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Unit of study_

CHNG5004: Particles and Surfaces

Semester 1, 2022 [Normal day] - Camperdown/Darlington, Sydney

Particles and Surfaces: Mineral Processing. Aims and Objectives: Solid-solid and solid-liquid interactions are an important aspect in mineral processing. The aim of any mineral processing operation is the efficient extraction of the valuable metals or minerals (concentrate) from the waste materials in the ore (gangue). The goal of this course is to understand the various key steps and the corresponding principles required to achieve metal extraction from the ores. Syllabus summary: This course will elucidate the principles in size reduction or comminution of the ore in liberating the valuable minerals, examine the microscopic details of solid-liquid, solid-gas and solid-solid interactions in mineral processing and their roles in macroscopic phenomena such as adhesion, wetting, adsorption, and mineral reactions such as reduction roasting and leaching. The general understanding of these factors will allow manipulation and improvement of performance in mineral beneficiation, dewatering of mineral slurries and extractive metallurgy. By the end of this course students should develop a proficiency in characterisation of physical, surface and chemical properties of solids and metal aqueous streams; devising strategies to achieve extraction process objectives, within the constraints imposed by social, economic and physical environments, developing management strategies for treating liquid and solid effluents and becoming familiar with computer software packages in modelling aqueous and solid systems. This unit is an advanced Chemical Engineering elective.

Unit details and rules

Unit code CHNG5004
Academic unit Chemical and Biomolecular Engineering
Credit points 6
Assumed knowledge

Enrolment in this unit of study assumes that students have acquired knowledge equivalent to CHNG3801 AND CHNG3802 AND CHNG3803 AND CHNG3805 AND CHNG3806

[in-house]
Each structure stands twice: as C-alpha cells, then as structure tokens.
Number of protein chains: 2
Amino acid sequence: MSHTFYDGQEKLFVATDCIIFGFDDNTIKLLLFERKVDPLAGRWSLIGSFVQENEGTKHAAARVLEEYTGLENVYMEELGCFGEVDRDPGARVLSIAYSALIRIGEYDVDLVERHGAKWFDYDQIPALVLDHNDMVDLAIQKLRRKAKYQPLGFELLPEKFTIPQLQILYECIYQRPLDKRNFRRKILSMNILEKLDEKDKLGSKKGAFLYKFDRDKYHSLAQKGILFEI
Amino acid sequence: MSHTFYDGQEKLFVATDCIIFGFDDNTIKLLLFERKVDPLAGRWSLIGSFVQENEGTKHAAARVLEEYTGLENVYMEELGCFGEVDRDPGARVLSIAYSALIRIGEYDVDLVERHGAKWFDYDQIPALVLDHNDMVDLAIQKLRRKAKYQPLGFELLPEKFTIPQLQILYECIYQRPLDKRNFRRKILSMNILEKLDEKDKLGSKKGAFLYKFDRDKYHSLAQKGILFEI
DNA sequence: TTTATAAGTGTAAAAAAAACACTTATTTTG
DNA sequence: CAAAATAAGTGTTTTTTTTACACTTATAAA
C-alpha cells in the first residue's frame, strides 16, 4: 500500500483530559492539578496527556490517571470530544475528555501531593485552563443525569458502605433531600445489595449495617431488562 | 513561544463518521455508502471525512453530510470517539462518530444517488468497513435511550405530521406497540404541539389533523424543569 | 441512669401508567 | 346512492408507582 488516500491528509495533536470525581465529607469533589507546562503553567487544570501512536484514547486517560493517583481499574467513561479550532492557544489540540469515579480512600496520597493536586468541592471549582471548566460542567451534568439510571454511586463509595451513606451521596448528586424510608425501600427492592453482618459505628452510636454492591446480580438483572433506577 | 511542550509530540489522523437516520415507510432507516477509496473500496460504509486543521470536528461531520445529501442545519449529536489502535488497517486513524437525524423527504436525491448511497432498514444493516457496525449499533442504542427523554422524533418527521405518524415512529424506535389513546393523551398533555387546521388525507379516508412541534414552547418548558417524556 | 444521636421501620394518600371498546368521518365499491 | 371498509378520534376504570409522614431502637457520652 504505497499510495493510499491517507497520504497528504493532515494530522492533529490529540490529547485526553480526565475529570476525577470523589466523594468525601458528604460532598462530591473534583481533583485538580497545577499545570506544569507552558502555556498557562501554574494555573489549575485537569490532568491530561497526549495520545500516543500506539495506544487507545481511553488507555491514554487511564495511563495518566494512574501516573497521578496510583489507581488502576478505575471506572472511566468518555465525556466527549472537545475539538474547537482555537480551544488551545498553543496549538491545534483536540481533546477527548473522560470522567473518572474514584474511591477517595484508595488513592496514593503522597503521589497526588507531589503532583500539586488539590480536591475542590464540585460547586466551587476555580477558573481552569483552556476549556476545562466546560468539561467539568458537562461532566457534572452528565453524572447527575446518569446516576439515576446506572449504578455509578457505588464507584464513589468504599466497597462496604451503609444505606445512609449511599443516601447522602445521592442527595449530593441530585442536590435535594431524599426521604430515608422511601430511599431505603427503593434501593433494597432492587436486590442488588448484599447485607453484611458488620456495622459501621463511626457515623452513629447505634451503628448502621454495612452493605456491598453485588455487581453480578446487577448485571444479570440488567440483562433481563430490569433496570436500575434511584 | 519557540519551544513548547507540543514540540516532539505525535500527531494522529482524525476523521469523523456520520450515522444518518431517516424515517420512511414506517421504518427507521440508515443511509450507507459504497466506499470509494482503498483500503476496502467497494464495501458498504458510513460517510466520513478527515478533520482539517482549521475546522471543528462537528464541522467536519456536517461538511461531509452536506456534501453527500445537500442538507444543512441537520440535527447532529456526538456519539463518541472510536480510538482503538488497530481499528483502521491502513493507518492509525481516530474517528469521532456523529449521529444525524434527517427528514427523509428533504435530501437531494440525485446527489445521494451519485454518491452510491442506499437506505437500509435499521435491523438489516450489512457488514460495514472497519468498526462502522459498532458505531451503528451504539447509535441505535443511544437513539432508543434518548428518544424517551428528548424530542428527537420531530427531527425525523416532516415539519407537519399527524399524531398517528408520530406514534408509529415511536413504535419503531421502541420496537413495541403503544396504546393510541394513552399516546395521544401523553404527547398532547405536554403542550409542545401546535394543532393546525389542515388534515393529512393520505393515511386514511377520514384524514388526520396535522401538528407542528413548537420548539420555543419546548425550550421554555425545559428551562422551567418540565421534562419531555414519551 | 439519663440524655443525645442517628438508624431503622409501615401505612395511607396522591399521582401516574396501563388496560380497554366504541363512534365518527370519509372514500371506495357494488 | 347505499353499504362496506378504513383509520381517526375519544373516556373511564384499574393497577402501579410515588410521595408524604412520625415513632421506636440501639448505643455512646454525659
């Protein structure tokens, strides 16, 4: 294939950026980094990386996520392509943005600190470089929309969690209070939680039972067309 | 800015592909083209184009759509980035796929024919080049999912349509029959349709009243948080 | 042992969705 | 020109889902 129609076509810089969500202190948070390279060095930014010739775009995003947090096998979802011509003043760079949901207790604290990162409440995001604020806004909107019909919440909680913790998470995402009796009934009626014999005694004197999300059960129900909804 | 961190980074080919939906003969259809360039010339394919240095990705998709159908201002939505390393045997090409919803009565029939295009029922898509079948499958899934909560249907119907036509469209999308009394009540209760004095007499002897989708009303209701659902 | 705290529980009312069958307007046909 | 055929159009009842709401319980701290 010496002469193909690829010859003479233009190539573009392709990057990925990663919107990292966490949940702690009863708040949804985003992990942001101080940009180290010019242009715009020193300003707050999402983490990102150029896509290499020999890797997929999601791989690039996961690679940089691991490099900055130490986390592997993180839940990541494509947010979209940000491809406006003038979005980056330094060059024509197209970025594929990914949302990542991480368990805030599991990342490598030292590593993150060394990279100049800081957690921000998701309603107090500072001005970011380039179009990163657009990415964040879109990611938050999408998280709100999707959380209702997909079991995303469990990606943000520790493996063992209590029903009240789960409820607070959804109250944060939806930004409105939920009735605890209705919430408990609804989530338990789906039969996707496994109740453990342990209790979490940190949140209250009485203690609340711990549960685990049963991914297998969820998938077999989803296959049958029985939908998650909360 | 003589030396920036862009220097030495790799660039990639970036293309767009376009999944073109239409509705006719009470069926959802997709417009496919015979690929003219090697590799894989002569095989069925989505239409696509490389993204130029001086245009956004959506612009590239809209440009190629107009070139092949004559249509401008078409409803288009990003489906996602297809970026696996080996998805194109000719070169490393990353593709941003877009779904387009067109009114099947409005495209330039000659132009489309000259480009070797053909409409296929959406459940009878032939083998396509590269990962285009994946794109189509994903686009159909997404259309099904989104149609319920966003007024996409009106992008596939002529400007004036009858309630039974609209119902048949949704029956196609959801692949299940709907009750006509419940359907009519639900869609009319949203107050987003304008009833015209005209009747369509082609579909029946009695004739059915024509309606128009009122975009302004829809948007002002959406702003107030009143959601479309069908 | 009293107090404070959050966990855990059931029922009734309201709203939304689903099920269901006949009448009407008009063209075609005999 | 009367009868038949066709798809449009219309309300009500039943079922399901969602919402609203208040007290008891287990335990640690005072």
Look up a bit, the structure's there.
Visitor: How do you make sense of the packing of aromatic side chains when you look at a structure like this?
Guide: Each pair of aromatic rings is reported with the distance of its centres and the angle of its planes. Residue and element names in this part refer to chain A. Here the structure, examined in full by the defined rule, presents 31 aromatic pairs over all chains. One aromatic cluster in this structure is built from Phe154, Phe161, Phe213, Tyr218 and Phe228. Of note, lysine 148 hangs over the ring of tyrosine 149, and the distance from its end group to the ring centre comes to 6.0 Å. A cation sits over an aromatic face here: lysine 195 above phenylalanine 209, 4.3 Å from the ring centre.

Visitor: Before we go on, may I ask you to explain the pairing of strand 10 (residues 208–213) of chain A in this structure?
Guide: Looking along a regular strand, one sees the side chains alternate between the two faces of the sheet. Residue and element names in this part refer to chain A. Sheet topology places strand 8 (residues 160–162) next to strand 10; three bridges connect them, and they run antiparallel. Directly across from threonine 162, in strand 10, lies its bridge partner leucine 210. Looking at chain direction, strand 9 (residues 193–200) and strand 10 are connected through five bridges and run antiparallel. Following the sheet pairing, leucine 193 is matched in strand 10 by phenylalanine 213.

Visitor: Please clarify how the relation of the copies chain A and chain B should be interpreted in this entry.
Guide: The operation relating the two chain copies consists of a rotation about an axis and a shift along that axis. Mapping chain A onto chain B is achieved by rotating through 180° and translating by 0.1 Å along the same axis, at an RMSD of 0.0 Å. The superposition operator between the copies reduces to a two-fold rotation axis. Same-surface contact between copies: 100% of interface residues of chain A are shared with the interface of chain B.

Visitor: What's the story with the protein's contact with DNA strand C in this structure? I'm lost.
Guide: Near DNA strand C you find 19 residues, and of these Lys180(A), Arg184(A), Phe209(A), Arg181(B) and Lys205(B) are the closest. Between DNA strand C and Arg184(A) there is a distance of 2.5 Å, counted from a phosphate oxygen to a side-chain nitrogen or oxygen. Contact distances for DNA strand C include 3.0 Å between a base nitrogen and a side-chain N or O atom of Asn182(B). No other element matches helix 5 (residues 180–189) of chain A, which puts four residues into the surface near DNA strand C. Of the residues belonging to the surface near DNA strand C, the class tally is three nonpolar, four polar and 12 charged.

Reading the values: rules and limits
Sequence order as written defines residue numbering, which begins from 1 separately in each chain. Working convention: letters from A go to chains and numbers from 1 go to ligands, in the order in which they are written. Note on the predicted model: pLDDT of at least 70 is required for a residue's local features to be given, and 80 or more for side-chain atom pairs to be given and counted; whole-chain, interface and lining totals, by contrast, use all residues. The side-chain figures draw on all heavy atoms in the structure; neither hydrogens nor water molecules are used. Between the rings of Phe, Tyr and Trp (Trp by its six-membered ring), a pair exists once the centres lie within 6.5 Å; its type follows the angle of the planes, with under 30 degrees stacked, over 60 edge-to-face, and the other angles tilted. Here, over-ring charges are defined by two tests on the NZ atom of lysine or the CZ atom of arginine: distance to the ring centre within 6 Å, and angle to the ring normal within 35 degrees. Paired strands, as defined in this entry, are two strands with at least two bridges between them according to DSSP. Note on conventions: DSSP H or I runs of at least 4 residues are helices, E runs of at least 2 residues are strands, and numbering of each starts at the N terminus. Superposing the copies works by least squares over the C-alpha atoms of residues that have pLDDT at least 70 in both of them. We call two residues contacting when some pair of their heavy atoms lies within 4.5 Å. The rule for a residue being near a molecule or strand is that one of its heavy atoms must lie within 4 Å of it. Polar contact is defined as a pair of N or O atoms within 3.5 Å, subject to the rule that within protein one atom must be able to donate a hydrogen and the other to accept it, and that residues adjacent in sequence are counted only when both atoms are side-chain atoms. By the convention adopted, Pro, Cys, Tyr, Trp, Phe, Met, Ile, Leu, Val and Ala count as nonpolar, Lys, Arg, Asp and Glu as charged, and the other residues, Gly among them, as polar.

Available to study abroad and exchange students


Teaching staff

Coordinator Marjorie Valix,
Lecturer(s) Marjorie Valix,
Type Description Weight Due Length
Final exam (Take-home short release) Type D final exam hurdle task Exam
Exam Type D
30% Formal exam period 2 hours
Outcomes assessed: LO1 LO2 LO3 LO4
Skills-based evaluation hurdle task Oral Exam
Follow up oral exam by zoom
0% Formal exam period 5 min
Outcomes assessed: LO1 LO4 LO3 LO2
Assignment group assignment Assignment
3 x Integrated tutorial/practicals
40% Multiple weeks n/a
Outcomes assessed: LO1 LO2 LO3 LO4
Skills-based evaluation hurdle task Follow up oral exam on practicals
Zoom interview on any one of the practicals in this unit
0% Multiple weeks 15 min
Outcomes assessed: LO1 LO4 LO3 LO2
Assignment Tutorials
4 Tutorials
30% Multiple weeks n/a
Outcomes assessed: LO1 LO2 LO3 LO4
hurdle task = hurdle task ?
group assignment = group assignment ?
Type D final exam = Type D final exam ?

Assessment summary

  • Tutorials – to apply the principles of particles and surfaces, mass and energy balance and mass transfer in solving problem-based questions and design related to ore dressing and extractive metallurgy.
  • Practicals – to apply in-practice the principles of particles and surfaces, mass and energy balance and mass transfer with observation, research and data analyses pertaining to solving problems and design related to ore dressing and extractive metallurgy.
  • Quiz – to apply in an integrative manner the principles of particles and surfaces, mass and energy balance and mass transfer to solve problem and concept-based questions related to ore dressing and extractive metallurgy.

Assessment criteria

The University awards common result grades, set out in the Coursework Policy 2014 (Schedule 1).

As a general guide, a high distinction indicates work of an exceptional standard, a distinction a very high standard, a credit a good standard, and a pass an acceptable standard.

Result name

Mark range


High distinction

85 - 100



75 - 84